What are some common vegan and gluten-free ingredient substitutes you can use in Asian cooking? Let’s get inspired by Mekhala’s vegan and gluten-free recipes.
Asian cooking has often taken inspiration from its geography, with the ocean and its bounty providing much of the flavor found in Southeast Asian, Korean, and Japanese cuisines. In Thai cuisine, we often turn to fish sauce for depth of flavor, while in Singaporean/Malaysian cooking, we turn to shrimp for the same. At Mekhala, we’ve found a great substitute in seaweed, a plant found in the oceans also known as a vegetable of the sea.
Cow’s milk is not often found in Southeast Asian cooking. Some say it’s because many Asians are lactose intolerant. Or that dairy cows are not common in the region, and milk itself goes sour quickly in hotter climates. (This was back in the day of course.) Coconuts, on the other hand, are abundant in the tropical region and coconut milk is the de facto creamer in Thai, Indonesian, Malaysian and Singaporean cuisines.
To replace animal fats, try vegetable or plant-based oils like Rice Bran Oil, Sunflower Oil and Coconut Oil. Consumed in moderate amounts as part of a balanced diet, it is generally accepted that fats and oils are not harmful. A helpful rule of thumb is to avoid the ‘bad fats’ like trans and saturated fats, and stay within daily recommended limits. (Do consult your doctor or nutritionist for advice specific to you.) As for which type of oil to use, consider i. how strong a flavor the oil has and how that affects your recipe, and ii. whether it is suitable for the type of cooking you are doing. For example, searing or cooking at high temperatures calls for oils with a high smoke point like sunflower oil.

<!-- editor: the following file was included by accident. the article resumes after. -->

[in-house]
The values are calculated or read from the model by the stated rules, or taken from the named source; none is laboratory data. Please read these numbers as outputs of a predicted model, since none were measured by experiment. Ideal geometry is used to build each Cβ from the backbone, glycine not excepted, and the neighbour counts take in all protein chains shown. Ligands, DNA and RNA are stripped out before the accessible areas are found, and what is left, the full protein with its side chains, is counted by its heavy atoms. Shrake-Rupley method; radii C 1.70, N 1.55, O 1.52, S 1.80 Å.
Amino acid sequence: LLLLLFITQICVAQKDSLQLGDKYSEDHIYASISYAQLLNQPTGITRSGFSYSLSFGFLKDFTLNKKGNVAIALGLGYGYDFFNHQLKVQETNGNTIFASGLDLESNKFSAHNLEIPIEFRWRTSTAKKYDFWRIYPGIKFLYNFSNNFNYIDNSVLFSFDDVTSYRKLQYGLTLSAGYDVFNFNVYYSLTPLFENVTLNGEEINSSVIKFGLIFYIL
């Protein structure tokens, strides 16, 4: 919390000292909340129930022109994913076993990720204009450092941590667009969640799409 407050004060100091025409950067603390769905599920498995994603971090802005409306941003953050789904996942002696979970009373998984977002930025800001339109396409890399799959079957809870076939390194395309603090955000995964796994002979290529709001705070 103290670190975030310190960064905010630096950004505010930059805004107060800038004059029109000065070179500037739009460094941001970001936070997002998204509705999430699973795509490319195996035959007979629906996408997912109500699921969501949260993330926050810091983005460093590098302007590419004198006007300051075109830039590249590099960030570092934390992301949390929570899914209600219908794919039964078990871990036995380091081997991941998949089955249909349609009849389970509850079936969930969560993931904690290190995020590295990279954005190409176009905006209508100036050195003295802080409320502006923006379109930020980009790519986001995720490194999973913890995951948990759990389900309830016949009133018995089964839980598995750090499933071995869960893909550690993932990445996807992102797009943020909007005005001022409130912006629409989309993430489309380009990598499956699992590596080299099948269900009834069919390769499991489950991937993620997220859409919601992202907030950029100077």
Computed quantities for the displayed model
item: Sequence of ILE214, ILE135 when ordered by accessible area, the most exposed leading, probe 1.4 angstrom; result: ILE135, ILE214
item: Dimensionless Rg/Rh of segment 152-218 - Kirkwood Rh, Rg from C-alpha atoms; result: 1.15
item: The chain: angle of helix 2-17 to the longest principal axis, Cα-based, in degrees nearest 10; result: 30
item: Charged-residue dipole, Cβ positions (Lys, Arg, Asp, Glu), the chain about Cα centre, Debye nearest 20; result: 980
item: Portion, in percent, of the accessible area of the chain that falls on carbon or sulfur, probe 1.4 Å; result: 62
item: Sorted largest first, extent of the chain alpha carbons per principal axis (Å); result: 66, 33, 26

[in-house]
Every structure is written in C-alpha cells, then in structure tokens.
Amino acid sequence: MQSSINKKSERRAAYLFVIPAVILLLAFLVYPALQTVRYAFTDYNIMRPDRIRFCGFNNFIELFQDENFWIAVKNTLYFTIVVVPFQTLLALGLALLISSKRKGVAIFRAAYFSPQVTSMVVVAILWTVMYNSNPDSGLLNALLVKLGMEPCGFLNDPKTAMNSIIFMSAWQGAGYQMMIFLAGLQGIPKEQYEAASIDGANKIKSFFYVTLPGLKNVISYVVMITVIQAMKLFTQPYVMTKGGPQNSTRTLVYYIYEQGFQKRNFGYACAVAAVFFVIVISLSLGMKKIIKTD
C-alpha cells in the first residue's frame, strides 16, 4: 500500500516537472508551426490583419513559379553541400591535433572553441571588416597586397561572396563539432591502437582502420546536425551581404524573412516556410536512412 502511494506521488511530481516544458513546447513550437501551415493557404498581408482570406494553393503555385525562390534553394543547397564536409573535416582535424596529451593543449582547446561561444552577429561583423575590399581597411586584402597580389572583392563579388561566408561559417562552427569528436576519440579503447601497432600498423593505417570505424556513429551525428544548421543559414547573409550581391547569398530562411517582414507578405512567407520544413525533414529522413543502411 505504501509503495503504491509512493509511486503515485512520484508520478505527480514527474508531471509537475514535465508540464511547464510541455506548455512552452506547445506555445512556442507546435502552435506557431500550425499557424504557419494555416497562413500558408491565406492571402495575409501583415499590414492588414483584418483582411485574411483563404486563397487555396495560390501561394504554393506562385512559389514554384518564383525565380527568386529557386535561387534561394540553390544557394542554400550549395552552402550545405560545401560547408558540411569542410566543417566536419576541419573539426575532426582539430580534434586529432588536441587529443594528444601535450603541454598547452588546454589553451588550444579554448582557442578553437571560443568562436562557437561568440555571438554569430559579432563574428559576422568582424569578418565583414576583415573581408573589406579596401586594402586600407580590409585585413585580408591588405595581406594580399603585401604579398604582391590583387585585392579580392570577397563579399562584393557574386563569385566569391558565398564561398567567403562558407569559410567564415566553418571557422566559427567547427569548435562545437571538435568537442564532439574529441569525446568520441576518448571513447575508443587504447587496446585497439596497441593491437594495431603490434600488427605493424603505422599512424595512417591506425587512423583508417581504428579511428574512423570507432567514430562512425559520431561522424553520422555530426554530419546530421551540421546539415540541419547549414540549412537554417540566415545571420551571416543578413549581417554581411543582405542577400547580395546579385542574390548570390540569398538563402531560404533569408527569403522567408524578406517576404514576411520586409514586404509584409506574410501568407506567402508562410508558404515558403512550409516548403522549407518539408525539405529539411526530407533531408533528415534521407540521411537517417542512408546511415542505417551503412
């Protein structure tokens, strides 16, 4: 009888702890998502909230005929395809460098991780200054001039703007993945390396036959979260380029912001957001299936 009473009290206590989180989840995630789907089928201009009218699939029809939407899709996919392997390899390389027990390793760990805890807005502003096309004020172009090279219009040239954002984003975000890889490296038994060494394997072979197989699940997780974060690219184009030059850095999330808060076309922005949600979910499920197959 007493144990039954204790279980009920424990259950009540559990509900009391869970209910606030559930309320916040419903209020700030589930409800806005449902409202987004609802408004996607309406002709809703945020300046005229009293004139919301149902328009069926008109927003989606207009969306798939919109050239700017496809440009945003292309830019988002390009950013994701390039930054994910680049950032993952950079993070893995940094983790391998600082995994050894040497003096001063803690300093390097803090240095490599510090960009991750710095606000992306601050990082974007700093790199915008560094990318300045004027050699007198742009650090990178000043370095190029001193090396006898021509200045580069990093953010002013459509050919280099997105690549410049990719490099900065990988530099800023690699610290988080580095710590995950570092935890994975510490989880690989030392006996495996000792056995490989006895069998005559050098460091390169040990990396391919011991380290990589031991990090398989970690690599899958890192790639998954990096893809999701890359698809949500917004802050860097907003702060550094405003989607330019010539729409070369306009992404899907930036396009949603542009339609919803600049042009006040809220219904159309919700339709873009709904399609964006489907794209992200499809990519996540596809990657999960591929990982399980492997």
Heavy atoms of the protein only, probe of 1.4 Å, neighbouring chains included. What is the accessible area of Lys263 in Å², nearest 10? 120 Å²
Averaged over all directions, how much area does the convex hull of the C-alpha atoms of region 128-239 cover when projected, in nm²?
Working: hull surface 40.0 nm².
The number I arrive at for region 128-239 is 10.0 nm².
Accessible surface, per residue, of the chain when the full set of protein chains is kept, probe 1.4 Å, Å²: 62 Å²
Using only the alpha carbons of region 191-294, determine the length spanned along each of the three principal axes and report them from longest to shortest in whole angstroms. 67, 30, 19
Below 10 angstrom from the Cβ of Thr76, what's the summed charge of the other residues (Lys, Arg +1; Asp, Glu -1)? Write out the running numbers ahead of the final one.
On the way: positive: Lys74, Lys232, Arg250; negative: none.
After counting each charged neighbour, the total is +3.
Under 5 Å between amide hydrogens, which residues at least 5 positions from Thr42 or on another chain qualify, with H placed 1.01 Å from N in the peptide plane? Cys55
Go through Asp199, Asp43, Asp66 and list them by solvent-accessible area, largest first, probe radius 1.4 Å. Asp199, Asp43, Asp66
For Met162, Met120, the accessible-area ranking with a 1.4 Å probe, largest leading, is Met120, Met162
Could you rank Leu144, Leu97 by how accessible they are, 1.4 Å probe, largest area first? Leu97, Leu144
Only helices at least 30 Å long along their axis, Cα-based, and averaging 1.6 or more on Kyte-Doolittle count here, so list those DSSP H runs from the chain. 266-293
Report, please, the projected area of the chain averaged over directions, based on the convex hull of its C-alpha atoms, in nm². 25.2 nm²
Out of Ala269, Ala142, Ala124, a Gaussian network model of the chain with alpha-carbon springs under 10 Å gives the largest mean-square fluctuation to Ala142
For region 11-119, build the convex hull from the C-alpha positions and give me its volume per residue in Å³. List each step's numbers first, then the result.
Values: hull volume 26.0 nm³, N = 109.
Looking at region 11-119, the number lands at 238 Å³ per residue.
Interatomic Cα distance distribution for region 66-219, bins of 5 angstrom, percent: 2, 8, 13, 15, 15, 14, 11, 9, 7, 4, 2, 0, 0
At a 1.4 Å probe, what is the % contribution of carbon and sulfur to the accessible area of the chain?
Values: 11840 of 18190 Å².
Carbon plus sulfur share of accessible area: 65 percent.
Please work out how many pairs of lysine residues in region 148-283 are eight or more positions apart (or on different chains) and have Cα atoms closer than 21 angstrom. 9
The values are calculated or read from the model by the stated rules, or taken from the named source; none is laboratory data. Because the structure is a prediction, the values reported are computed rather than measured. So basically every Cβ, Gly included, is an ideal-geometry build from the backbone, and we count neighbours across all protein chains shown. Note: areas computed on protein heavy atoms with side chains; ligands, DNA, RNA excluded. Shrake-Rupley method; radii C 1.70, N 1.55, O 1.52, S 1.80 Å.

Gluten-free Soy Sauce or Tamari
Soy Sauce or Soya Sauce is ubiquitous in Asian cooking. From teriyaki sauce to Chinese stir-fries, soy sauce is the star of the show, along with all the gluten it contains. At Mekhala, we use a special type of soy sauce made with brown rice instead of wheat flour that makes it naturally gluten-free. Fortunately, gluten-free substitutes are becoming more common and it’s easier to get your hands on gluten-free soy sauce, or tamari sauce, another substitute. If you have a serious allergy, always check the ingredients label carefully!
Herbs and Spices
There’s no simple rule to substituting animal and gluten products with herbs and spices. But in our years of cooking and experimenting, we’ve found that using wholesome, fresh, and flavorful herbs and spices more than make up for the taste and sometimes produces even more delicious results when we leave out the fish sauce, shrimp paste, animal fats, etc.
This article is not meant as health advice.